Representative image
Representative image

Brains, Brawn, or Both: What drove the creation of modern dog breeds?

Breeds that were created for similar roles — whether rounding up sheep or flushing birds into the air — tend to cluster into distinct genetic lineages, which can be characterized by different combinations of behavioral tendencies, the researchers found.

In creating modern dog breeds, humans sculpted canines into physical specimens perfectly suited for a wide variety of tasks. Bernese mountain dogs have solid, muscular bodies capable of pulling heavy loads, while greyhounds have lean, aerodynamic frames, ideal for chasing down deer. The compact Jack Russell terrier can easily shimmy into fox or badger dens. Now, a large study, published in Cell on Thursday, suggests that behavior, not just appearance, has helped qualify these dogs for their jobs. Breeds that were created for similar roles — whether rounding up sheep or flushing birds into the air — tend to cluster into distinct genetic lineages, which can be characterized by different combinations of behavioral tendencies, the researchers found.

“Much of modern breeding has been focused predominantly on what dogs look like,” Evan MacLean, an expert on canine cognition at the University of Arizona who was not involved in the study, said in an email. But, he emphasized, “Long before we were breeding dogs for their appearances, we were breeding them for behavioral traits.”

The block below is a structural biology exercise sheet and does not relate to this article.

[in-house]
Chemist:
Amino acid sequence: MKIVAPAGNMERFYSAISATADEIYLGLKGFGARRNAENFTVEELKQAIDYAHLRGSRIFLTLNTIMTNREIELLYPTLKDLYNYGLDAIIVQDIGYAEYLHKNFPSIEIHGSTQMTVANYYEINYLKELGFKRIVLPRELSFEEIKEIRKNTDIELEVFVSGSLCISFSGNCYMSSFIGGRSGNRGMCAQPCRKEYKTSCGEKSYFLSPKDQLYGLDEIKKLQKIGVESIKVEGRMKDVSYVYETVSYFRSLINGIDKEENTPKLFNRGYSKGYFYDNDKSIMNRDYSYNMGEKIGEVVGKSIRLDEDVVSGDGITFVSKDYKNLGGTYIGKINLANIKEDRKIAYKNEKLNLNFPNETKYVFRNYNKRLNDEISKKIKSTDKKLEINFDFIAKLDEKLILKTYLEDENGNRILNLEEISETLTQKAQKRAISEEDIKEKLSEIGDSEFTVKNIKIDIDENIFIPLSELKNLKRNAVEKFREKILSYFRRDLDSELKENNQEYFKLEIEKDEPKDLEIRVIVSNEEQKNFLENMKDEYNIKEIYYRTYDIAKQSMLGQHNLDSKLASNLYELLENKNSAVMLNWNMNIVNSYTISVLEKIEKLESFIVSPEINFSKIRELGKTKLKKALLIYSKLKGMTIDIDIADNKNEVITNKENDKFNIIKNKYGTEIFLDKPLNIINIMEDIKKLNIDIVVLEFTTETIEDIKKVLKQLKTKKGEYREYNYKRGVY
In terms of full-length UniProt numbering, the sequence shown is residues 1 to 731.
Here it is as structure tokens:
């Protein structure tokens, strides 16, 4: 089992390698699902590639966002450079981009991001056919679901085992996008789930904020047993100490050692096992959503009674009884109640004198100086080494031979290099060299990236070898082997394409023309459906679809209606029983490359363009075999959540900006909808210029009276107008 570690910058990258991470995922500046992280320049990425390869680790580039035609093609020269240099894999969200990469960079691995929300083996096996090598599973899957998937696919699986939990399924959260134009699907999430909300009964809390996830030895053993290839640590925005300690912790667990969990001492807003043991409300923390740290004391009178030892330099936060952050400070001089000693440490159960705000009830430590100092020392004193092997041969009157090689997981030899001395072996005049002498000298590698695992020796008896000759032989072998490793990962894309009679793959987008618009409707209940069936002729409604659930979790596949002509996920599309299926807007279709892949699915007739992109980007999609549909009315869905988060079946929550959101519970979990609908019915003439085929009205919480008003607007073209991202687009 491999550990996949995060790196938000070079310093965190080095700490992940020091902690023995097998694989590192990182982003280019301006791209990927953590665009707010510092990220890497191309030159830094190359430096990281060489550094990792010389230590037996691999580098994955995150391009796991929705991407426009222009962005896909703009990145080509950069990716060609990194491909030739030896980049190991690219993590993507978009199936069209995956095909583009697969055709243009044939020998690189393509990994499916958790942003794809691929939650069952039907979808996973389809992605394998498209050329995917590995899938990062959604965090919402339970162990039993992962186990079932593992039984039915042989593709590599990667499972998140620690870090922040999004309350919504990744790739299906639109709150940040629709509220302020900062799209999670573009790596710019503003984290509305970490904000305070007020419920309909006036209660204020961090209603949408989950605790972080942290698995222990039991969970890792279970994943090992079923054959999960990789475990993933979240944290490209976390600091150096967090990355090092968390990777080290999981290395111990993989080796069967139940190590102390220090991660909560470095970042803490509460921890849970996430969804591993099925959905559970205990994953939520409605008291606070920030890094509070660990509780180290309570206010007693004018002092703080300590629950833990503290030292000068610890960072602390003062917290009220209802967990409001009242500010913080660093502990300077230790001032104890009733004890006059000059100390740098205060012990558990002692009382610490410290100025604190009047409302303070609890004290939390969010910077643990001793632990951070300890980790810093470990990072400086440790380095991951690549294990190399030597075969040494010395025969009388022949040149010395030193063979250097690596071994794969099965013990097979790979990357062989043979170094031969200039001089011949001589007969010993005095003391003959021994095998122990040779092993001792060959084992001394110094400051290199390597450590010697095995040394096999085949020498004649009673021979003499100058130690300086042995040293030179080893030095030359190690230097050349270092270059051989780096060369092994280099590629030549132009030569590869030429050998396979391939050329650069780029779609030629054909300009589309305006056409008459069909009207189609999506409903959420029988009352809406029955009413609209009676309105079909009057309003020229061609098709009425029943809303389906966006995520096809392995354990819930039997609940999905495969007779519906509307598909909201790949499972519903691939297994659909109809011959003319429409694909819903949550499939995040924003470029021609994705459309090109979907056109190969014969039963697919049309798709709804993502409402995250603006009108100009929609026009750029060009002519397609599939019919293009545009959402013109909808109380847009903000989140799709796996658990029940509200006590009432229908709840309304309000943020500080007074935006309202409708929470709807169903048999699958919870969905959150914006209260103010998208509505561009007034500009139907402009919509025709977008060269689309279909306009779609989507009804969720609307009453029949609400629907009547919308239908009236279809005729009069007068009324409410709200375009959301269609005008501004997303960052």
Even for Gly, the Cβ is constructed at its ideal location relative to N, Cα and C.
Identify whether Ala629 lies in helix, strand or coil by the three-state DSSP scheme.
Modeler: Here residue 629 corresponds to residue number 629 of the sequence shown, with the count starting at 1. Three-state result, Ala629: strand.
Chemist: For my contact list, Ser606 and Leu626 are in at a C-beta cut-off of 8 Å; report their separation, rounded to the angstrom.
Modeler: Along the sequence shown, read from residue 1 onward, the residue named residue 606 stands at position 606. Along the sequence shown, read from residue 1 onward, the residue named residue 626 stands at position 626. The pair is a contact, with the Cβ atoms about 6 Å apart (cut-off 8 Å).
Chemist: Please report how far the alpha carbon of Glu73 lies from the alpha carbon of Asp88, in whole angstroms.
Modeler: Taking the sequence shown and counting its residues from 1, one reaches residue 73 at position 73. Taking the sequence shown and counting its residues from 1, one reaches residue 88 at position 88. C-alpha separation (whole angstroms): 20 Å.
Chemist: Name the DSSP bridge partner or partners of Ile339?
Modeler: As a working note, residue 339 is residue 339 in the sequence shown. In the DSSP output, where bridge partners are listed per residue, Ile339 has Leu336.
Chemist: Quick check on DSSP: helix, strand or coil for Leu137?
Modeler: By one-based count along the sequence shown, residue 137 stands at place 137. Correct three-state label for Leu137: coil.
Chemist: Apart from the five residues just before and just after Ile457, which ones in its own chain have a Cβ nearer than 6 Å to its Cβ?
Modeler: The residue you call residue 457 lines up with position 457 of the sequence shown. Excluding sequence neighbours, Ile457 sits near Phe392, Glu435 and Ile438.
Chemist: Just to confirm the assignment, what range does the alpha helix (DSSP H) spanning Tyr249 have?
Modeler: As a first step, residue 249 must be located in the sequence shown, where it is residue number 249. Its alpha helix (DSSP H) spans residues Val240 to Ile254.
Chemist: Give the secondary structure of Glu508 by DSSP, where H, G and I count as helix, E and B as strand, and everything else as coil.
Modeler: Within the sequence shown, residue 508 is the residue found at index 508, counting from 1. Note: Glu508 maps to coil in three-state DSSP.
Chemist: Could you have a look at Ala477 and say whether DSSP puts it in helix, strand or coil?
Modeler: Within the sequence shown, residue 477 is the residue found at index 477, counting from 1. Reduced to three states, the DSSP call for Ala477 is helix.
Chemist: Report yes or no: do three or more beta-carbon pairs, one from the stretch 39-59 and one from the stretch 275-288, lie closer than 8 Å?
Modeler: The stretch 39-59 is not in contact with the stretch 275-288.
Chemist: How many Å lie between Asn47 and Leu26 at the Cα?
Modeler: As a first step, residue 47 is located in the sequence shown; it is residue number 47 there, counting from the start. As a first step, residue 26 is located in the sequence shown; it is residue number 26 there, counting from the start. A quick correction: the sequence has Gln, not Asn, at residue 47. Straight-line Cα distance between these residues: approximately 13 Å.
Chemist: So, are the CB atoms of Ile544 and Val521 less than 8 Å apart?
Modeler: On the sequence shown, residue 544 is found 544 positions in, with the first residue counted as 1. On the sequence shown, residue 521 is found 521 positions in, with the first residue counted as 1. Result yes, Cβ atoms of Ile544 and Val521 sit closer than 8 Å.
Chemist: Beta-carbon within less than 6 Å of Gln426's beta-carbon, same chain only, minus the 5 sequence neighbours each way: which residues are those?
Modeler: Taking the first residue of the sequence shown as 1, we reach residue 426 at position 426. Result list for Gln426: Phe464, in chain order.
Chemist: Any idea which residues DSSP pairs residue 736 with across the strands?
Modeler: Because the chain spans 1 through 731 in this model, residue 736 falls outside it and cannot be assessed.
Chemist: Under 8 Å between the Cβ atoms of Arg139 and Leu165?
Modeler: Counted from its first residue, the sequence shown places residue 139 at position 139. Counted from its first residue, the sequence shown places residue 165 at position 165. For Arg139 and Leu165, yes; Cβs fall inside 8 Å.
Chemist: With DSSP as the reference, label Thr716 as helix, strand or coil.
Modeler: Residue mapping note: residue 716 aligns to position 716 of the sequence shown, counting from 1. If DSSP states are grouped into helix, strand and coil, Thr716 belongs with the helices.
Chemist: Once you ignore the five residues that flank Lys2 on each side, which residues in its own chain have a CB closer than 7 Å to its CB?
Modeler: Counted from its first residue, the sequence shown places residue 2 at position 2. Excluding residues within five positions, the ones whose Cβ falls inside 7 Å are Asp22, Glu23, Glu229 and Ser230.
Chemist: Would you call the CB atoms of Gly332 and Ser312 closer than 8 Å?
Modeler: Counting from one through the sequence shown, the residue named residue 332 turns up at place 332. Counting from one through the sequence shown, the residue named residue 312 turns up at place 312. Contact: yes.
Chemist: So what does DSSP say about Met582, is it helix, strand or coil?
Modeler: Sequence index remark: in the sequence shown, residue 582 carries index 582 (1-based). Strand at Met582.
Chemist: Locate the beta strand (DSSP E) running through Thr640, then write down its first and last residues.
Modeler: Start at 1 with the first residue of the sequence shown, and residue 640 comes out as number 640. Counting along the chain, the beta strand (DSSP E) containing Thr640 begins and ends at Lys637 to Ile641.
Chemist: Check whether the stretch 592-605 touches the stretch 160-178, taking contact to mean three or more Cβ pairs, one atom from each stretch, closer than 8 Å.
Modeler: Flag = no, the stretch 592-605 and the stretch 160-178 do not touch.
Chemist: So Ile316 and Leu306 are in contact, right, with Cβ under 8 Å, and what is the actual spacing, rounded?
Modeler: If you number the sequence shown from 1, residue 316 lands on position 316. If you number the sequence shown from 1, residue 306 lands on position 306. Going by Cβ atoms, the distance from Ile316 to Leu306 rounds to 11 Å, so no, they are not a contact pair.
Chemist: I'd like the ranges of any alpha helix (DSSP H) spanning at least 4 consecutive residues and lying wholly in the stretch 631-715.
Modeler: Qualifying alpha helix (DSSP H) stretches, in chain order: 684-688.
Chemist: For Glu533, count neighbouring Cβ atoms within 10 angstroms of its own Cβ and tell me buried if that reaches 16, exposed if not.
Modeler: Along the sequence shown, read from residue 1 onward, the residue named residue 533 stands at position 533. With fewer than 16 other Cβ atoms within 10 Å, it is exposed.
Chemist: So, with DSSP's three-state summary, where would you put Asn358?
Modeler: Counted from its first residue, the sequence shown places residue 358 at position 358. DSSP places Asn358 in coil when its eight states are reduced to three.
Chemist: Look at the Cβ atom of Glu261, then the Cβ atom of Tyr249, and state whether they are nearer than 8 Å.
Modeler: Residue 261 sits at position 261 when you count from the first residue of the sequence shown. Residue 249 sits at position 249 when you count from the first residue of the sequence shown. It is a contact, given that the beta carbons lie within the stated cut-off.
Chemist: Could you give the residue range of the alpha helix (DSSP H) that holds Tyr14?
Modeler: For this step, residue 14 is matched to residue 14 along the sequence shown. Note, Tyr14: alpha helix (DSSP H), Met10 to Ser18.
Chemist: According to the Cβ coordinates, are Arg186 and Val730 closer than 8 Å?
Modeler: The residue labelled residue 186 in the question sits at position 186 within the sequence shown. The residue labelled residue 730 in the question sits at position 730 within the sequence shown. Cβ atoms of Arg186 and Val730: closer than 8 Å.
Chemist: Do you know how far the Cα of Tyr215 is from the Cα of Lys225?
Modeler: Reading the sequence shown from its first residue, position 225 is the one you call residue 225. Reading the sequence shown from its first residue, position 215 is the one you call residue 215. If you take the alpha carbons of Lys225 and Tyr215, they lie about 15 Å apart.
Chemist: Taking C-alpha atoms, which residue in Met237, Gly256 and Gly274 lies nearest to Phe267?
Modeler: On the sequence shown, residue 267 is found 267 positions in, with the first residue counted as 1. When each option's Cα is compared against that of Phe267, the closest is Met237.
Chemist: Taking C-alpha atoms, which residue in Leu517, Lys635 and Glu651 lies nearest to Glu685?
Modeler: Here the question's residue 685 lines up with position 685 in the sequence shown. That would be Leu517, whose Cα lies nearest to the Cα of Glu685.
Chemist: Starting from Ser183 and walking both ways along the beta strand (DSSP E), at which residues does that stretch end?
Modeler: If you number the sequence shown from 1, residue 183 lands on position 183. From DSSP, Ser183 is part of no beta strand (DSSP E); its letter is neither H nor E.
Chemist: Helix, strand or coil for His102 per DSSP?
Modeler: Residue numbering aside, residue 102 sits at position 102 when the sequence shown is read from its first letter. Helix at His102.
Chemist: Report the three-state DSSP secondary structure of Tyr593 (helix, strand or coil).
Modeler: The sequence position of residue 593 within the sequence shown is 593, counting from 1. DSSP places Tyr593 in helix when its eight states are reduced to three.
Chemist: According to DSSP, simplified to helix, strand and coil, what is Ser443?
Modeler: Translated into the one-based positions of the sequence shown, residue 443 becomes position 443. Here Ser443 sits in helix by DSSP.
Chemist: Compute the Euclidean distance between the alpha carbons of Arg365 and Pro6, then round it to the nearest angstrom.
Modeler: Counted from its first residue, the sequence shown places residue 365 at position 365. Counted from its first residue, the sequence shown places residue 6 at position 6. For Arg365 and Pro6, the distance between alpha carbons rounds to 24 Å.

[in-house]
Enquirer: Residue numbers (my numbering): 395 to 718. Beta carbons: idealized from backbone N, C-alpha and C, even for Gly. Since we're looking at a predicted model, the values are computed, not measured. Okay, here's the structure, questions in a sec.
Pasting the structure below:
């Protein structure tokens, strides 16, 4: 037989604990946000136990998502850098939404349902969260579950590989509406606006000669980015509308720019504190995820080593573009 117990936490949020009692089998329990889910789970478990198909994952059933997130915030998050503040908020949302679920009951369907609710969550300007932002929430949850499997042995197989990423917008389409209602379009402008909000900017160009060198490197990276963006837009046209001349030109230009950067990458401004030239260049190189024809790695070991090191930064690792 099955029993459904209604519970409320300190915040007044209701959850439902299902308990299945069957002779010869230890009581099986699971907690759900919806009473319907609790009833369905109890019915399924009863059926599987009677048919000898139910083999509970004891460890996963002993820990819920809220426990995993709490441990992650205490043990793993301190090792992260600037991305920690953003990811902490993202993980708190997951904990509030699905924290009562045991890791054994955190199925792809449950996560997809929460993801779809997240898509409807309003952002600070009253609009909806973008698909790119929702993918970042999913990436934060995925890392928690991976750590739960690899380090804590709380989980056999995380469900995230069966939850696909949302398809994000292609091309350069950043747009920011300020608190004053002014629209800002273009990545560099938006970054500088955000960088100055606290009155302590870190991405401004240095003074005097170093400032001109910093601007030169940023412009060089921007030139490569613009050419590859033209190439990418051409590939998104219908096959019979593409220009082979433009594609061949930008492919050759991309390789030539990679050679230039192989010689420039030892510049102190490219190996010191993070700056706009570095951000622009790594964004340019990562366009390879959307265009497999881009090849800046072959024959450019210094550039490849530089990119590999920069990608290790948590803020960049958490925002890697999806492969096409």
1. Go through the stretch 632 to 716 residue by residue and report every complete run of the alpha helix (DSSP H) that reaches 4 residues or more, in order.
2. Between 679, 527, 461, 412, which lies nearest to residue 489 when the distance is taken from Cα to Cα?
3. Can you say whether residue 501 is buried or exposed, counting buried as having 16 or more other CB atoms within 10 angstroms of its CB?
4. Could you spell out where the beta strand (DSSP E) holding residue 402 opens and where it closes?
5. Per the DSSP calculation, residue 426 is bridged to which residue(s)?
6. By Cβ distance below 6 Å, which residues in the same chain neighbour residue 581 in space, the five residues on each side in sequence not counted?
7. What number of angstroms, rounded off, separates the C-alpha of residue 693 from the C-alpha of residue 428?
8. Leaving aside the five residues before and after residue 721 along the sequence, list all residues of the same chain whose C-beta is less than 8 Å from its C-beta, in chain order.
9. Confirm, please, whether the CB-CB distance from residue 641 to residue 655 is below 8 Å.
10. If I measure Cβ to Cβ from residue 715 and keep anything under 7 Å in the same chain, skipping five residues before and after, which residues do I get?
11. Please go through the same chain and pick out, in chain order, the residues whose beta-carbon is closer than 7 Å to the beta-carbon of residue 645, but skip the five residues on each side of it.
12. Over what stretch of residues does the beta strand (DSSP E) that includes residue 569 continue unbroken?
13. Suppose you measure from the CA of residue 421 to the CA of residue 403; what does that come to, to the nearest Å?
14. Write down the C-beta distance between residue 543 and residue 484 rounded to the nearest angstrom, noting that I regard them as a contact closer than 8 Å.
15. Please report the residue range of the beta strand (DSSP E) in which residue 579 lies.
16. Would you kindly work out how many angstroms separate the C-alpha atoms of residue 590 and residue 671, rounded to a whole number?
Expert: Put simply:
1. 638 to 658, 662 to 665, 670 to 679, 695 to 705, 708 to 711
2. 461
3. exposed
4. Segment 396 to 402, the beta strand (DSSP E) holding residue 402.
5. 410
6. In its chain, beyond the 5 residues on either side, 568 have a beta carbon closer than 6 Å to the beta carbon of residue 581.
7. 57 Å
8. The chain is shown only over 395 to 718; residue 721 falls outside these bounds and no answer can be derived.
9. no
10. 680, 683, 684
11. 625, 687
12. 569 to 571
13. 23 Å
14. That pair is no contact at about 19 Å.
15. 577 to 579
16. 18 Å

The study also found that many of the genetic variants that set these lineages apart from each other appear to regulate brain development, and many seem to predate modern breeds. Together, the results suggest that people may have created today’s stunning assortment of breeds, in part, by harnessing and preserving desirable behavioral traits that already existed in ancient dogs, the researchers said.

“Dogs have fundamentally the same blueprint, but now you’ve got to emphasize certain things to get particular tasks done,” said Elaine Ostrander, a dog genomics expert at the National Human Genome Research Institute and the senior author of the study. “You’re going to tweak a gene up, you’re going to tweak it down.”

Bridgett vonHoldt, an evolutionary biologist at Princeton University who was not involved in the research, called the new paper “a major landmark in the field of dog genomics and behavior. We know it is complicated. This study not only gives us hope, it will be viewed as an inspiration for all in the field.”

Still, major questions remained, some scientists said, including whether humans deliberately set out to create breeds with specific behavioral tendencies. “We don’t have a ton of evidence for intentional selection,” said Elinor Karlsson, an expert in dog genomics at the University of Massachusetts Chan Medical School who was not involved in the research.

But she praised the study, noting that the findings were consistent with her own research, which also concluded that many of the genetic factors that shape the behaviors of modern dogs originated deep in canine history. “They’re really taking advantage of this really complex history of the dog breeds, and these relatively subtle but real differences in behavior, to explore how genetics and genetic variation can actually shape these behavioral traits,” she said.

Although there was plenty of overlap — no single breed has a monopoly on trainability — in general, breeds created for similar jobs tended to have similar behavioral traits. And each lineage was characterized by its own pattern of behavioral tendencies.

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